[LONDON] Brent crude futures traded at their deepest discount to later-dated contracts since June, signaling the global oil surplus is growing more severe.
The spread - or contango - on front-month Brent compared with the next-month contract widened to as much as $1.17 a barrel, the most since June 15, a sign that immediate supplies still exceed demand. The glut may also be reflected in US crude inventory data due Wednesday, with stockpiles that are already 100 million barrels above the seasonal norm projected to have increased 1.75 million barrels last week, according to a Bloomberg survey.
"It signifies a material oversupply," Seth Kleinman, head of energy strategy at Citigroup Inc in London, said by phone of the expanding spread.
"US production is not going down fast enough given the continuous growth we seem to be having from Opec."
Oil has slumped about 30 per cent from this year's closing peak in May amid signs the global surplus that drove prices to a six-year low will persist. Goldman Sachs Group Inc said last week that the excess is bigger than it initially anticipated and crude could fall as low as US$20 a barrel.
Brent for October settlement, which expires Tuesday, rose as much as 53 cents, and was up 24 cents at $46.61 a barrel on the London-based ICE Futures Europe exchange at 1:50 pm local time. The more-active November contract climbed 40 cents to $47.75. The front-month European benchmark crude traded at a premium of as little as $2.09 to West Texas Intermediate, the narrowest gap since January.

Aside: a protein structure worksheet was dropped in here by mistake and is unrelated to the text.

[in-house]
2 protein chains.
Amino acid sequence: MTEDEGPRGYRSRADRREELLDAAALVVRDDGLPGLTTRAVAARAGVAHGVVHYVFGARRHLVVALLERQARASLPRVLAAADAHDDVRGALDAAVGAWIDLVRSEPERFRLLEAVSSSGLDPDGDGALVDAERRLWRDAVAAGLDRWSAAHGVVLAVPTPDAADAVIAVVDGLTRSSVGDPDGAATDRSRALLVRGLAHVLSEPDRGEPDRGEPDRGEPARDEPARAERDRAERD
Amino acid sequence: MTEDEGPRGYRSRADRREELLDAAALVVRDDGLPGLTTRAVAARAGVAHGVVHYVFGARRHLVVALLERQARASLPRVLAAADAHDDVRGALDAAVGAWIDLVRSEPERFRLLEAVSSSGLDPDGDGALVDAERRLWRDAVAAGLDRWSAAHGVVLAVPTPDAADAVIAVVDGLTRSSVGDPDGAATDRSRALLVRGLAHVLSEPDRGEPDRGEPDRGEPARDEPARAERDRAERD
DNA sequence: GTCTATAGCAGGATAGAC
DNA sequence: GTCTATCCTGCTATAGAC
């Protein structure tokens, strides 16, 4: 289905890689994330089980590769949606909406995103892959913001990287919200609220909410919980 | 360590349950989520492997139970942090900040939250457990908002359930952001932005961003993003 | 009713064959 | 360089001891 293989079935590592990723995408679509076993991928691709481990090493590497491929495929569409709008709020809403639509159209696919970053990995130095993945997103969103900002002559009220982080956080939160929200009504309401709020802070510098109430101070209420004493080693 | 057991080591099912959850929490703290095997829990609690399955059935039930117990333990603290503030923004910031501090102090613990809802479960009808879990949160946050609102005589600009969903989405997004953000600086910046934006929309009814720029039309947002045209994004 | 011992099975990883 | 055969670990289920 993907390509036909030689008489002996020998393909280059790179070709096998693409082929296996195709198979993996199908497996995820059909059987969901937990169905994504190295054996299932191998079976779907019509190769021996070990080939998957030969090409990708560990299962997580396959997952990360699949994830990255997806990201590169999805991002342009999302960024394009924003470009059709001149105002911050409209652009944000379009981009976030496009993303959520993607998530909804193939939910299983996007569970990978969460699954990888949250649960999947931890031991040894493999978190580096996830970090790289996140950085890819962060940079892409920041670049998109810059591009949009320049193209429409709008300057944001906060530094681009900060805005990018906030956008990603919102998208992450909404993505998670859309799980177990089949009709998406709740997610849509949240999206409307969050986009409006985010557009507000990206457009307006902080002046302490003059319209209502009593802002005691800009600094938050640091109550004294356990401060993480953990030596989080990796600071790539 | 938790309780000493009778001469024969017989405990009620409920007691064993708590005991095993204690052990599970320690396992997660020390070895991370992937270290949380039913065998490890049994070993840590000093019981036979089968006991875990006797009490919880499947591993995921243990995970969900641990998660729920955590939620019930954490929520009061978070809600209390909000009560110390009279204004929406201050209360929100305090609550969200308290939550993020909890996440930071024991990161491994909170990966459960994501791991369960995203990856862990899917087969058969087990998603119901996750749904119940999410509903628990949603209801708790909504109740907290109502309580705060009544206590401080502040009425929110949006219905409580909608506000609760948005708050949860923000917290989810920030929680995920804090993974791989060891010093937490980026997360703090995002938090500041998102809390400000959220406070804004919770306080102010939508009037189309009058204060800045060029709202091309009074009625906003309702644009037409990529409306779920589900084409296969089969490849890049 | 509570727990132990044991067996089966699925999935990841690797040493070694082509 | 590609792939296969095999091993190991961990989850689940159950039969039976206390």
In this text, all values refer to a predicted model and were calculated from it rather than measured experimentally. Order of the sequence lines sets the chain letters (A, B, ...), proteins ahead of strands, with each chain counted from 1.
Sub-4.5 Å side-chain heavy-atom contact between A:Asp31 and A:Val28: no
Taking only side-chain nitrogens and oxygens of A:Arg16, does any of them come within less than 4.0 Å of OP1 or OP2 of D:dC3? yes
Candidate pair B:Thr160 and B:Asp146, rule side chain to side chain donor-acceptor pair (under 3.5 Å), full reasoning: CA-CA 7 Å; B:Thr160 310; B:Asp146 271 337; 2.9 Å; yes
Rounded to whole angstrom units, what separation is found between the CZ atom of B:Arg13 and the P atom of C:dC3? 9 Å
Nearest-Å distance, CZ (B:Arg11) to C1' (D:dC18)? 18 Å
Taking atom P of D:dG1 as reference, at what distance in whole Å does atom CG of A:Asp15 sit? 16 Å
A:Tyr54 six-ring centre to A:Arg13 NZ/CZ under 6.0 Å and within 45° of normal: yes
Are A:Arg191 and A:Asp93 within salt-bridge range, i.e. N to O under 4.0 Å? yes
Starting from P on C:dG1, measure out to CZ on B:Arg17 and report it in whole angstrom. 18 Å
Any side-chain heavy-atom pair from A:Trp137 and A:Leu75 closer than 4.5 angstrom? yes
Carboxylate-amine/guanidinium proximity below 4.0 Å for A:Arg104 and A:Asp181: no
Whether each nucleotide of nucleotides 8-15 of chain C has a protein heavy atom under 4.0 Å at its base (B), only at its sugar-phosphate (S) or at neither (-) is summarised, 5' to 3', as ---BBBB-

WTI for October delivery gained 35 cents to $44.35 a barrel on the New York Mercantile Exchange. The volume of all futures traded was about 5 per cent below the 100-day average for the time of day. Prices have decreased 17 per cent this year.
Increasing supplies from Opec members such as Iraq are adding to the surplus, Citigroup's Kleinman said. Iraq plans to increase exports of crude from its southern region by 26 per cent next month, with a combined 81 cargoes of Basrah Light and Basrah Heavy grade crudes totaling 114 million barrels, according to a loading program obtained by Bloomberg News.
The Organization of Petroleum Exporting Countries trimmed its estimates for growth in output from outside the group next year by 110,000 barrels a day in its monthly market report. Supplies from non-Opec nations such as the US, Canada, Russia and Brazil will increase by 160,000 barrels a day to 57.6 million in 2016, the group's Vienna-based secretariat said Monday.
The projected increase in US crude stockpiles for the week through Sept 11 coincides with a drop in refiners' operating rates as gasoline demand slips with the end of summer's driving season. The Energy Information Administration report will be published at 10:30 am in Washington on Wednesday.
"We've probably seen the floor, but I wouldn't expect to see any strong rally in the near term because the surplus that pushed oil down is still there," David Lennox, an analyst at Fat Prophets in Sydney, said by phone.